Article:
Are You Getting The Right Fuel For Your Workout?

2 min read

assorted fruits on brown wooden bowls
assorted fruits on brown wooden bowls

It’s time for our midweek newsletter!

Today we are looking at getting the right fuel for our workouts, something that is sure to help us take our gym sessions to the next level.

Ensuring your body is energised and ready for a workout is super important - not only for helping your body be better equipped to transport oxygen, but also to ensure you do not get dizzy or feel faint during your workout when your resources are depleted.

Remember, even if you want to lose weight, you need to ensure your body has all the fuel it needs - if not, you could see reduced muscle tissue or even experience low bone density.

Ready for your top fuel sources? Let’s check them out!

Carbs for the win

You read that right - carbs are not the enemy!

In fact, if you live an active lifestyle and work out regularly, you need a steady supply of carbs for both your muscles and your brain.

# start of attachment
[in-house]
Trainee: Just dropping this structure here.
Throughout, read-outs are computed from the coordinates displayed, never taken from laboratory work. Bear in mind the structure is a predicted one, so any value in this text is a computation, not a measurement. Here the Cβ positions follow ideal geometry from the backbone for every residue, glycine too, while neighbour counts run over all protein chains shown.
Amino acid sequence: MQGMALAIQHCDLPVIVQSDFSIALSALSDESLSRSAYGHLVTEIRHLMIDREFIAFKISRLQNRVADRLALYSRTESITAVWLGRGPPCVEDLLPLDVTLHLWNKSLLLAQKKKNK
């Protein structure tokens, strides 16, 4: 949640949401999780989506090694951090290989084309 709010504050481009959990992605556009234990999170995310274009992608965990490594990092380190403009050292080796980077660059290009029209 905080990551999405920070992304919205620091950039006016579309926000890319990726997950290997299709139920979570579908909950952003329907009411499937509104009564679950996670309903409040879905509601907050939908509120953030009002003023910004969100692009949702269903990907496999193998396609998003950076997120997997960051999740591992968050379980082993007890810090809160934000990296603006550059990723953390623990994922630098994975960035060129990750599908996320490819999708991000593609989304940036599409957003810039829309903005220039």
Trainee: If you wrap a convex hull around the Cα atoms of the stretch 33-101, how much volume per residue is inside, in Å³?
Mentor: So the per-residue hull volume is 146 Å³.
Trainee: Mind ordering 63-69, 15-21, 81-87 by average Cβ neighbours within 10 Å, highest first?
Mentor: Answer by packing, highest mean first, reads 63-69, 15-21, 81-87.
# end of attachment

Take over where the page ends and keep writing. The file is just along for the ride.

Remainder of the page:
According to the Mayo Clinic, you need about 3 to 5 grams of carbohydrates for every kilogram of body weight if you do average workouts; for longer ones, this number increases to 6 to 10 grams of carbs per kilogram of body weight.

So, which carbs can you consider including in your diet?

Try grains such as brown rice and quinoa, or include hearty favourites such as sweet potatoes and pasta.

Fruits and veggies can also be carb sources, plus they are loaded with vitamins and nutrients that you need.

Protein to support muscles

Protein is a must for ensuring your body has sufficient amino acids that can assist in repairing and building muscles.

Poultry and fish are great sources, as well as eggs and yoghurt. If you follow a vegetarian diet, you could opt for soybeans, peanuts and chickpeas.

If you are very active, 1.2 to 2 grams of protein per kilogram of body weight should do.

Fats can be good too

Yep - just like carbs, “good” fats can energise your body - and even help to absorb fat-soluble vitamins!

Avocados, flaxseed and nuts are some good examples of what you should include for this portion of your diet - just keep in mind that moderation is key.

Pre- and post-workout nutrition

Eating right before your workout is a big no-no, so be mindful of not eating too close to your workout time.

After, you can replenish your protein stores with a healthy smoothie that could serve as a workout cool-down too.